Wednesday, February 27, 2013

Looking to learn something new? Try Rebol

Rebol is an odd language with an odd history.  It was originally put together in 1997 as an answer to the many things that plague modern programmers.  The goal was to create a language construction set using what we've learned from all the crazy trial-and-error in other languages.  For instance, have you ever wondered why we use curly braces?  In Rebol, square brackets are used (saving your shift key a lot of work [0]).

Alright, enough semantics, let's get into the real part of coding.  Download the Rebol binary.  While you're waiting, notice that you're not waiting, because the binaries are only half a megabyte.  This gets really impressive when you realize just how much is in Rebol.  Anyway, don't forget to chmod +x if you're on a good operating system.

So let's run through a basic "Hello World."  Step one:

>> print "Hello World!"

Well, that was boring.  How's about instead of going through the same boring syntactical tutorials, we check out the constructing power of Rebol and write helloworld in our own language?  Alright, now we're cooking.

To do this, I'll need to get a bit academic for a second (sorry, it'll be quick).  Everything you punch into the interactive shell (also known as REPL) is evaluated in Rebol's DO dialect.  In Rebol, a dialect consists of a set of instructions to work with a given input [1].  Let's take a look at the PARSE dialect, which takes the following format:

parse input rules /all /case

Let's ignore /all and /case for now and focus on the cool part.  Let's make an incredibly basic language where "a" is syntax for sending the string "Hello " to system.out and "b" does the same, but with the string "World!\n".  We could implement something like this in JavaScript like so:

While it's only a couple lines, it's still very difficult to extend.  In Rebol, it looks something like this:

parse "abc" [any ["b" (print "world!") | "a" (prin "Hello ")]]

The first two bits are simple: parse enters the PARSE dialect and "abc" is the input we're passing in.  The rules section is what we're really after..  Let's break it down:

[any ;If the parser finds any of the following
  ["b" ;an instance of "b"
    (print "world!") ;Output "world!" with a newline
                     ;parens mean that this code block will be executed in the DO dialect
  | "a" (prin "Hello ")] ;Same as above, but using prin, which doesn't output a newline

There you have it, your own special language (an incredibly contrived one, to be sure, but one nonetheless).  However, that's nowhere near as powerful as PARSE gets.  Let's taken on an interesting problem: determining if a mathematical equation is valid.  Benjamin Gruenbaum provides the following example in JS:

As you can see, this task is much more difficult for JS to express. It's a tad harder in Rebol, but not nearly as much.  To simplify things, we're going to do some assignment (using a colon instead of the equals sign, example taken from the Rebol docs slightly modified to reflect the latest version of Rebol):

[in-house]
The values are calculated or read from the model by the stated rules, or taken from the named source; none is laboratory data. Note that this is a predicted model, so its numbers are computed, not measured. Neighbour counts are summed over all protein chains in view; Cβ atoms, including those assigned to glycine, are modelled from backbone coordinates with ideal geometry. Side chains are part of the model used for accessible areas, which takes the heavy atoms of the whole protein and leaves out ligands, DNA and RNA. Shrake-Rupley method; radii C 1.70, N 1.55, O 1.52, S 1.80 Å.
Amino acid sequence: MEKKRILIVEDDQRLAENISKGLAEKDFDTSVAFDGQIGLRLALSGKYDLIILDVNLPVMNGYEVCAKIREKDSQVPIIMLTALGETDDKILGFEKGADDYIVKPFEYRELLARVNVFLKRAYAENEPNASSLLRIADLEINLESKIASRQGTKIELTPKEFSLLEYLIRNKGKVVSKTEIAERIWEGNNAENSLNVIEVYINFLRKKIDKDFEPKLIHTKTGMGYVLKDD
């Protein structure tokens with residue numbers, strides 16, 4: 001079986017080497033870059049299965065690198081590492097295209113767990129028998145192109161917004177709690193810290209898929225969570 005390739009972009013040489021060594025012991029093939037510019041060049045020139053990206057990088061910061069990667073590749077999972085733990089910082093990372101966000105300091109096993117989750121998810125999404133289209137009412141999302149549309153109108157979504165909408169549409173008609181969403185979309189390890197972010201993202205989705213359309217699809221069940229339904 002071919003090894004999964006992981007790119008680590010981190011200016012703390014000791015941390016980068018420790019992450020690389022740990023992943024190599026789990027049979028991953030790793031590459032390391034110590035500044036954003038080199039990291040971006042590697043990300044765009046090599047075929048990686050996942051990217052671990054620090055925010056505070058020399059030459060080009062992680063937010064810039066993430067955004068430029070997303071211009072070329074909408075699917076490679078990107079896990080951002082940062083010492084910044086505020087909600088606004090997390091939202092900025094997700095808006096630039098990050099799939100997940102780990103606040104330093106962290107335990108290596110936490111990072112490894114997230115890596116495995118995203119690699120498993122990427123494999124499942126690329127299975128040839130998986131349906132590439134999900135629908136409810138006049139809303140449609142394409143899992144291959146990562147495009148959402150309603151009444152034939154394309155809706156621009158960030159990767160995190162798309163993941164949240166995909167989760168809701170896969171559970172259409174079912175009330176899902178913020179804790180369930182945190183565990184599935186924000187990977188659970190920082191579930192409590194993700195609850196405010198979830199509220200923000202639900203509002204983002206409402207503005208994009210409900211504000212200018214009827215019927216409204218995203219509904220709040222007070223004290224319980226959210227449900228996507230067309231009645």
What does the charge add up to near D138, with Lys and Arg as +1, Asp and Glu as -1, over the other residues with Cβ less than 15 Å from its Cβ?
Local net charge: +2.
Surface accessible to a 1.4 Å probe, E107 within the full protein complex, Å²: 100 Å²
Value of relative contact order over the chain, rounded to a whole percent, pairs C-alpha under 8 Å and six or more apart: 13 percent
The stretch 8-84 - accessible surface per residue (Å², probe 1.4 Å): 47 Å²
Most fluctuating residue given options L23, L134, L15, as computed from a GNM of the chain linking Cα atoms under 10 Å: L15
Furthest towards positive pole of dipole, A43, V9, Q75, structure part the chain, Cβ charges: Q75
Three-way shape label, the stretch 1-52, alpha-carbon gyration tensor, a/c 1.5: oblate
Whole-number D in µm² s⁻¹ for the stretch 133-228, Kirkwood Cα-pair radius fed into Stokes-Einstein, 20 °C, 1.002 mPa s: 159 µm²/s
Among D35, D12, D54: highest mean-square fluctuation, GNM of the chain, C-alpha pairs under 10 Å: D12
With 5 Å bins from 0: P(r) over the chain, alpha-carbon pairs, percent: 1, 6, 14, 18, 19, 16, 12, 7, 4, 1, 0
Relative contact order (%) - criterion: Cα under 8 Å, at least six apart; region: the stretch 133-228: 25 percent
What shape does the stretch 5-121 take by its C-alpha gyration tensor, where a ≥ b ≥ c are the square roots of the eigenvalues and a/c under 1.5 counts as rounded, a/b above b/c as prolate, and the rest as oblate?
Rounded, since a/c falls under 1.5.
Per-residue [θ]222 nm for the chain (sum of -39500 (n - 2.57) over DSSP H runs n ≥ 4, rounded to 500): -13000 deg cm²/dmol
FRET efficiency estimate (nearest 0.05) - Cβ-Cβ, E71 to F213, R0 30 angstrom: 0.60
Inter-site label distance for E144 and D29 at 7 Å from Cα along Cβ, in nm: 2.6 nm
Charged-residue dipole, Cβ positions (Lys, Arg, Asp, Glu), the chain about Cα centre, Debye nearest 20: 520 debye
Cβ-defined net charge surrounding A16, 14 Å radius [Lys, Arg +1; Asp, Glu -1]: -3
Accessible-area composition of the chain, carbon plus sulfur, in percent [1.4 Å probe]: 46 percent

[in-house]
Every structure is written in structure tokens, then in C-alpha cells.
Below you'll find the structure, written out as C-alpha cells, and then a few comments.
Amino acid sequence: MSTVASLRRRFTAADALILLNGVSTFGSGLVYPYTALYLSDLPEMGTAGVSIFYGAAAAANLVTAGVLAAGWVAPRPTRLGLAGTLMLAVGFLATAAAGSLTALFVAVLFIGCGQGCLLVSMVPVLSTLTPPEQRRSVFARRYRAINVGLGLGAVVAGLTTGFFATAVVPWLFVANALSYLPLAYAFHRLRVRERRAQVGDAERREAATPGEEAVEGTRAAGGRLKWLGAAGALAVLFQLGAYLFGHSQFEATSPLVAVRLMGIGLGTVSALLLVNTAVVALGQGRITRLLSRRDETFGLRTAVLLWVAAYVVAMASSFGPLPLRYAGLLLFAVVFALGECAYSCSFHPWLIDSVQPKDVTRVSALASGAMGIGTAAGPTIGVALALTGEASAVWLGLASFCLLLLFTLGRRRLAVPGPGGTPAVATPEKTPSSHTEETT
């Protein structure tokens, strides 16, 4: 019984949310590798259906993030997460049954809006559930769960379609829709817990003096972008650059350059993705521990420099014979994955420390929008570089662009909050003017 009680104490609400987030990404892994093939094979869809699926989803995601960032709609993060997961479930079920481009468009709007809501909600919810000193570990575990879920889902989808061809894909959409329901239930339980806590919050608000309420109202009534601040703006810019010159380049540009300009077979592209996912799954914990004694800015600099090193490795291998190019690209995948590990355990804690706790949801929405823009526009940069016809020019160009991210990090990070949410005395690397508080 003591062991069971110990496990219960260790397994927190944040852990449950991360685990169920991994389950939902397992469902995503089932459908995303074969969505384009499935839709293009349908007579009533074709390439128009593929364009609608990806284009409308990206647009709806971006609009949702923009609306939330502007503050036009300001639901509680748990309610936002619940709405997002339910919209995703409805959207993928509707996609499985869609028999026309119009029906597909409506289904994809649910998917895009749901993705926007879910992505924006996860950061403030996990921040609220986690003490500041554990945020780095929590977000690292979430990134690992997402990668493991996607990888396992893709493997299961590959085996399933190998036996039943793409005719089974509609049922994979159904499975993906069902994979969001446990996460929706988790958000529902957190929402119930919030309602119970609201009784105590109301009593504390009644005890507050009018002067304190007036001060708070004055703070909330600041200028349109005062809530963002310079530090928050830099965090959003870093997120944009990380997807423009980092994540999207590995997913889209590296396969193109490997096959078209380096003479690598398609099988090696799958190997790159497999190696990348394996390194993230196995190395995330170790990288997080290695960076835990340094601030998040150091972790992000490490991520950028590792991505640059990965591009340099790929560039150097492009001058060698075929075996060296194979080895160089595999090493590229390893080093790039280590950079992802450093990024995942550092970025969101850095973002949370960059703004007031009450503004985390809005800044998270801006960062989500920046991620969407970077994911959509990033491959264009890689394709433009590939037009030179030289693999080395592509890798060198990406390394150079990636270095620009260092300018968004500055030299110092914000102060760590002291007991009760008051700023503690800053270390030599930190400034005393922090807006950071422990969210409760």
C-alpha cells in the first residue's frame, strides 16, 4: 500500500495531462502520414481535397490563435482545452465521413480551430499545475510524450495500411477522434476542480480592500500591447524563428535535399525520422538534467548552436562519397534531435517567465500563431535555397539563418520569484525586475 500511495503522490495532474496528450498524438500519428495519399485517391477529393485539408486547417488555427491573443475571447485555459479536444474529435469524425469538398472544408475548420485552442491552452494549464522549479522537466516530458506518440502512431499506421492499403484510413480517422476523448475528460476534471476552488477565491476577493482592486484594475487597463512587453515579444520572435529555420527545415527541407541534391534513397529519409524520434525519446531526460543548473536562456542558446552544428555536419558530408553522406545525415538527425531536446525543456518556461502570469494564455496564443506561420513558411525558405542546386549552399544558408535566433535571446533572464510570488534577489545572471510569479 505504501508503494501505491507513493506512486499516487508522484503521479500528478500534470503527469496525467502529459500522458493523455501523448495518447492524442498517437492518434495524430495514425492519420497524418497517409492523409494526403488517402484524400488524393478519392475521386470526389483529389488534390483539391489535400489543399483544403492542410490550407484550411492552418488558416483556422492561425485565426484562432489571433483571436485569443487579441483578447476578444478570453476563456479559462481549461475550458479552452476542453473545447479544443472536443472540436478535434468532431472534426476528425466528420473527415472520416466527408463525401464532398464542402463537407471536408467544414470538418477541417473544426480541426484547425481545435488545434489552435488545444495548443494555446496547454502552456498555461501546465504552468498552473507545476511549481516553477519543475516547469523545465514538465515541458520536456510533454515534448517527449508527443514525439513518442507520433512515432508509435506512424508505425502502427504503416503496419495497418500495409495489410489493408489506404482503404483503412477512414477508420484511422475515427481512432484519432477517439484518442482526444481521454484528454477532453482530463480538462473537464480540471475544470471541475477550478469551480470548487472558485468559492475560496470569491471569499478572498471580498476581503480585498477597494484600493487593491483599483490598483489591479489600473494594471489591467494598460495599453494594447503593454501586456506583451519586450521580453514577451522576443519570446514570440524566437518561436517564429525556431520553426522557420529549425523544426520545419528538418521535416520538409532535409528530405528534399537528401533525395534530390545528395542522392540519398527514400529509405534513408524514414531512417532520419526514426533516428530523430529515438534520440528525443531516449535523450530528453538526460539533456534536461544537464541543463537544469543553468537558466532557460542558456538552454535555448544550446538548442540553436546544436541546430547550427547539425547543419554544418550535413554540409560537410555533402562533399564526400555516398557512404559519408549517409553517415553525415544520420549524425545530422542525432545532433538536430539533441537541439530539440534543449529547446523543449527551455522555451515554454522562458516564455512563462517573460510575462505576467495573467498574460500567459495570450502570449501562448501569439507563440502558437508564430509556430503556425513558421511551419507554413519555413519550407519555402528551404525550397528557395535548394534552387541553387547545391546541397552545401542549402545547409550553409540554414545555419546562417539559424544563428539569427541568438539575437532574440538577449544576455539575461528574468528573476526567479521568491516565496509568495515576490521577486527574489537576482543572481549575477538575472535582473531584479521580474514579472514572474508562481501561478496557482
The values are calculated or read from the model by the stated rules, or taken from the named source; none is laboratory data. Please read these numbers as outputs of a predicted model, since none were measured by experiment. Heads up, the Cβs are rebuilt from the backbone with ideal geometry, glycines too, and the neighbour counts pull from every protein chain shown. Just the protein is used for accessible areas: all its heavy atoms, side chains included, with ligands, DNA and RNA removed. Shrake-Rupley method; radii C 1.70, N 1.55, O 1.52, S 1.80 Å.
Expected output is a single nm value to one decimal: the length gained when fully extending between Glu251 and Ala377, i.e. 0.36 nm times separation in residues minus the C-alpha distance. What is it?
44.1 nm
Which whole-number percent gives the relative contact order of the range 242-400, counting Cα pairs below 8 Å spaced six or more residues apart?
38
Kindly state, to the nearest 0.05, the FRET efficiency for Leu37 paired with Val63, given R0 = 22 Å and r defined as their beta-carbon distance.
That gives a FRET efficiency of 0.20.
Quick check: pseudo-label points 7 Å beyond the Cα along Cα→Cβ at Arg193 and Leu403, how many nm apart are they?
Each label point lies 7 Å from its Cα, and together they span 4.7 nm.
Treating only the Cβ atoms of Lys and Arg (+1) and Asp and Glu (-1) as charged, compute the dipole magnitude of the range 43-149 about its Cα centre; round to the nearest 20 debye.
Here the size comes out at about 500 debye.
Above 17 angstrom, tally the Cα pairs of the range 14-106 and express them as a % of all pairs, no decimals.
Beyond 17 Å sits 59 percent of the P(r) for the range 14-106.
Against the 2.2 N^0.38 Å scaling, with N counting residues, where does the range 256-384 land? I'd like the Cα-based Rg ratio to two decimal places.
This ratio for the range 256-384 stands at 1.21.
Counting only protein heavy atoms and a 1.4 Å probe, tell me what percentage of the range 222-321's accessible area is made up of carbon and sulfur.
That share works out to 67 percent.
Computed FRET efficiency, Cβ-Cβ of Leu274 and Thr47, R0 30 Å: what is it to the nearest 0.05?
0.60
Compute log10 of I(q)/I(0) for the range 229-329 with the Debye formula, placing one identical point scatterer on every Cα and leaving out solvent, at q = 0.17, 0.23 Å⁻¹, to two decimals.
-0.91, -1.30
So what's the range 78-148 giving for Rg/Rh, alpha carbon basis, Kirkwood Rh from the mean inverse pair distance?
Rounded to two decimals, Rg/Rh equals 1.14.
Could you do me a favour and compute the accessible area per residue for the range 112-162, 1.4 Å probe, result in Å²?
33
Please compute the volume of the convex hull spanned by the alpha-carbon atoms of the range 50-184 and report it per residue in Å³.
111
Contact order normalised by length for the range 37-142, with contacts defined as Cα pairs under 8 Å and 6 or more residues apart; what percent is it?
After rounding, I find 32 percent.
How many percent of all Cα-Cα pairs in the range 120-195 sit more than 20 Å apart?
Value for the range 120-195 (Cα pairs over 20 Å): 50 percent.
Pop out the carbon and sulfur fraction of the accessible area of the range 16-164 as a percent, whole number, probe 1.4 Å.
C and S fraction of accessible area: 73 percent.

expr:    [term ["+" | "-"] expr | term]
term:    [factor ["*" | "/"] term | factor]
factor:  [primary "**" factor | primary]
primary: [some digit | "(" expr ")"]
digit:   charset "0123456789"

The important thing to notice here is the recursive nature of the instructions.  "expr" is the top-level one you'll pass to the parse command:

parse "1+2*(3-2)/4" expr
== true
parse trim/all "1 + 2 * ( 3 - 2 ) / 4" expr ;use "trim/all" to remove whitespace
== true

There's much more in Rebol, so come to our our chat room and find out!  (This is a StackExchange chat, so you'll need 20 reputation on StackOverflow to talk).

[0] US keyboard only (sorry!)
[1] It's like a function, only more powerful.  Every expression runs in a dialect.  You can read about dialects in the docs or Wikipedia.


  1. The `parse` function just looks like a single function you'd have to program once in JS to have the same behavior.

    I don't think a single function is useful to show a programming language's strengths.

  2. Hi Florian,

    I think Rebol's parse is so comprehensive and performant that it's not very useful to just say it "looks like a single function you'd have to program once in JS". That's kind of like saying creating a JavaScript VM is no big deal - you can write one in JavaScript (see Continuum at

    First, that doesn't say anything about how complex an endeavor that would be, but it's possible since, in the end, JS is a Turing-complete language.

    Second, what performance (and memory consumption for a given task) would you get with this JS implementation? Rebol's parse uses highly-tuned C code to accomplish its neat 'tricks'. Sure, for a simple parser needed for a calculator, what's it matter? The reality is that parse is suitable for a very wide range of tasks.

    A more interesting thing which could be said about parse is that it is actually the very thing to use when creating a language parser for a full-featured language like, hmmm, JavaScript.

    Parse really is one of Rebol's 'killer features'. If all you see there is a quick function that you could hack up in JS, maybe you haven't looked closely enough.


  3. Loved how you wrote this post.

    So minimal, but so much. And you make me want to forget the little Rebol that I know, and then accident;y land on this page and then get to Rebol.

    And I am too much of a newbie to say anything else, but being a newbie, the way you broke the single line example in the first case to multiple lines and with explaining comments was great from a newbie perspective.

    -- KK. from the SO room.